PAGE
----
With $559 Billion in revenue and growing, B2B e-commerce represents a huge opportunity for firms. Forrester Research forecasted that U.S. B2B e-commerce would reach $559 billion in 2013- more than double than the $252 B2C e-commerce revenue calculated by eMarketer. In fact, 57 percent of business buyers bought electronically at least once during 2012. Intershop’s 2013 E-commerce Report shows that almost every B2B retailer currently sells online.
As opportunities are created, however, challenges arise as complexities of meeting the new obligations proliferate. No place is this more true than in the payments arena, particularly as though B2B payments move to a global stage, as moving money across borders and currencies in a way that is secure, transparent and compliant is no easy feet, even in the age of online digital commerce.
Yet as the challenges multiply, so do players who exist to help others in the ecosystem moderate those challenges. Companies that help other organizations to surpass these archaic practices by entering the market as a new class of middle man that establishes acquiring banks in countries nations where they operate. By doing so, it does not need to create a new or innovative institutions, but instead focuses on creating new mechanisms for using existing and understood institutions that allow bureaucracy to be bypassed.
Pressures For Adoption
The infrastructure for e-commerce is widely available: Internet connections are present in almost every organization in all developed and most developing countries.
Employees are becoming more tech savvy, as technological solutions are more universally operable. Moreover, the eCommerce landscape is not alien to B2B users, most of if no all are already B2C e-commerce consumers.
On the supply side, project costs to develop a B2B site have been decreasing and many alternatives, such as B2B storefronts, have been developed. For example, eb2 teknologies, which runs specialized B2B storefront Anytime Commerce, offers its solution alternatively on a subscription or an upfront basis.
The firm calculates the average cost of an e-commerce order to be $1 vs. $10 for e-mail orders and $33 for phone orders as 45% of contact center calls are non-transactional inquiries.
Additionally, storefronts such as hybrids B2B Commerce have the ability to integrate with ERP solutions for credit check and invoicing and also to the firm’s back end. It also allows connecting with 1.5M firms present in the Ariba network.
International B2B e-commerce is increasing as communication costs decrease and freedom of commerce grows in many geographies. Benny Nachman, Credorax CEO, affirms over 30 percent of global online sales involve buyers and sellers in different countries. Marketplaces such as Alibaba in China, ThomasNet.com in US, IndiaMART in India and EC21in South Korea attract millions of users monthly.
However, the greatest pressure to adopt to B2B eCommerce models is simple demand. With eCommerce enabled, at the end of the day companies can reach out to their customers in a way that customers find desirable.
However B2B e-commerce, while on the surface similar to its flashier cousin B2C , suffers from a unique set of complexities.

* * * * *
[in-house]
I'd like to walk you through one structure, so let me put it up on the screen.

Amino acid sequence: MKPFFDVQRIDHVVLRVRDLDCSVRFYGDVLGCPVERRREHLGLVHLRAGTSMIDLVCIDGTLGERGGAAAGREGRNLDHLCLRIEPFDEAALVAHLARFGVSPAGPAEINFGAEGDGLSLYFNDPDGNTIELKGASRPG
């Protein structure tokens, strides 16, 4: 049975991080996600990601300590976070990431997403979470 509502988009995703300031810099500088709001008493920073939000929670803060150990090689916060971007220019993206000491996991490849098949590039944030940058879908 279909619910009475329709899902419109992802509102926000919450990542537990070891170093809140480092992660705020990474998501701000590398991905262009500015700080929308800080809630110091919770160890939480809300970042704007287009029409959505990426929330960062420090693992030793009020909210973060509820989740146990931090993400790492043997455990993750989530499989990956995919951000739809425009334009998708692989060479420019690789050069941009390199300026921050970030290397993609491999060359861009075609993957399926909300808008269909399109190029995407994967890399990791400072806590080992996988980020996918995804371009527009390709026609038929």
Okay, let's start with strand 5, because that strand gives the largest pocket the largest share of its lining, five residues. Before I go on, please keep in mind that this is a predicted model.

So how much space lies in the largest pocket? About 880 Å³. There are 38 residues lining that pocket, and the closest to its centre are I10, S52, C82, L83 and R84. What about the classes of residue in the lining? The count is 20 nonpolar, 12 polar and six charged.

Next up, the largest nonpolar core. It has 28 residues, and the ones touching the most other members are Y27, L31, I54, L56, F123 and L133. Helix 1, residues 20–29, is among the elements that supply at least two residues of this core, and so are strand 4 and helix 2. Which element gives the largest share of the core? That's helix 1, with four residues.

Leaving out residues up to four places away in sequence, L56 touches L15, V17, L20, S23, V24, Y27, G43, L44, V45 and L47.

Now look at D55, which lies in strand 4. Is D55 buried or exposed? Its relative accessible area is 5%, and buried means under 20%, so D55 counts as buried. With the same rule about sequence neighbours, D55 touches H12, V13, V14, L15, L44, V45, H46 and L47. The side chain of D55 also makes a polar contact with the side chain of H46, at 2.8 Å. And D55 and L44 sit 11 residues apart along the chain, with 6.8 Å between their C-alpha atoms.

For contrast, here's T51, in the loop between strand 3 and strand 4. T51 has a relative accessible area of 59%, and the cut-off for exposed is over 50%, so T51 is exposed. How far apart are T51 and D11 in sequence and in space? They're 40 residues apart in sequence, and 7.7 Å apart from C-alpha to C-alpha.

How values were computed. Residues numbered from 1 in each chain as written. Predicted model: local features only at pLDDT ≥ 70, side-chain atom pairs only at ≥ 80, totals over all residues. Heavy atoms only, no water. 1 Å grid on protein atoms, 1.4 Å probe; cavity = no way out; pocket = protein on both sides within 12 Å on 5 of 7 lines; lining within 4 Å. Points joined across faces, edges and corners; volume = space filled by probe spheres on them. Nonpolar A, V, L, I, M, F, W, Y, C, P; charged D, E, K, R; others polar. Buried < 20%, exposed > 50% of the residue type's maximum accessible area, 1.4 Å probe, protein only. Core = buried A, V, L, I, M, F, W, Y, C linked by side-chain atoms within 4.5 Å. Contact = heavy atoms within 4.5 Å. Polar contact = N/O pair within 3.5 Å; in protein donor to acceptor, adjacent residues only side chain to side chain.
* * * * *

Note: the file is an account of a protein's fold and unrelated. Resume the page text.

The 2012 Oracle B2B Survey revealed that 28 percent of firms have five or more decision-makers involved in their purchase process. Apart from expecting B2C features (order entry, order history, technical support information and status) B2B customers also demand specialized characteristics such as different user roles and multiple input points. Besides, the same supplier might have different catalogs, price lists, rules and discounts for different customers.
In turn, international B2B commerce has further challenges such as operating across different languages, cultures and legal, regulatory and logistical environments. Some companies provide help in establishing in different markets. For example, Launch Factory 88, a firm founded in 1998, provides entry, B2B sales and manufacturing assistance in China.
Not always evident at first, but presenting an extreme challenge, is the way international payments are made.
Since some financial institutions may decline transactions arising from high-risk countries a firm wanting to enter those markets must consider alternative ways of facilitating payments.
Or even among “mainstream players” there are simply more toll booths when transacting abroad. For example, to make payments possible in Europe acquiring bank must have a license from the Payment Services Directive established by the European Commission. As most of U.S. banks don’t have that license, they usually partner with European counterparts to carry e-business payments. Apart from higher fees this causes friction due to the need of matching different systems.
There are alternatives. Credorax operates as an acquiring bank in 27 European countries and plans to expand into the US and Japan. Because it also functions as acquiring bank, fraud analyst and payment gateway for e-commerce its customers, ISOs and retailers, have access to a single point of entry which uses only one system. At the same time, it lowers fees and reduces friction in payments while assuring that they are carried complying with local regulation.
Creodox operates in a specialized by not entirely lonely marketplace. TraxPay offers a similar service.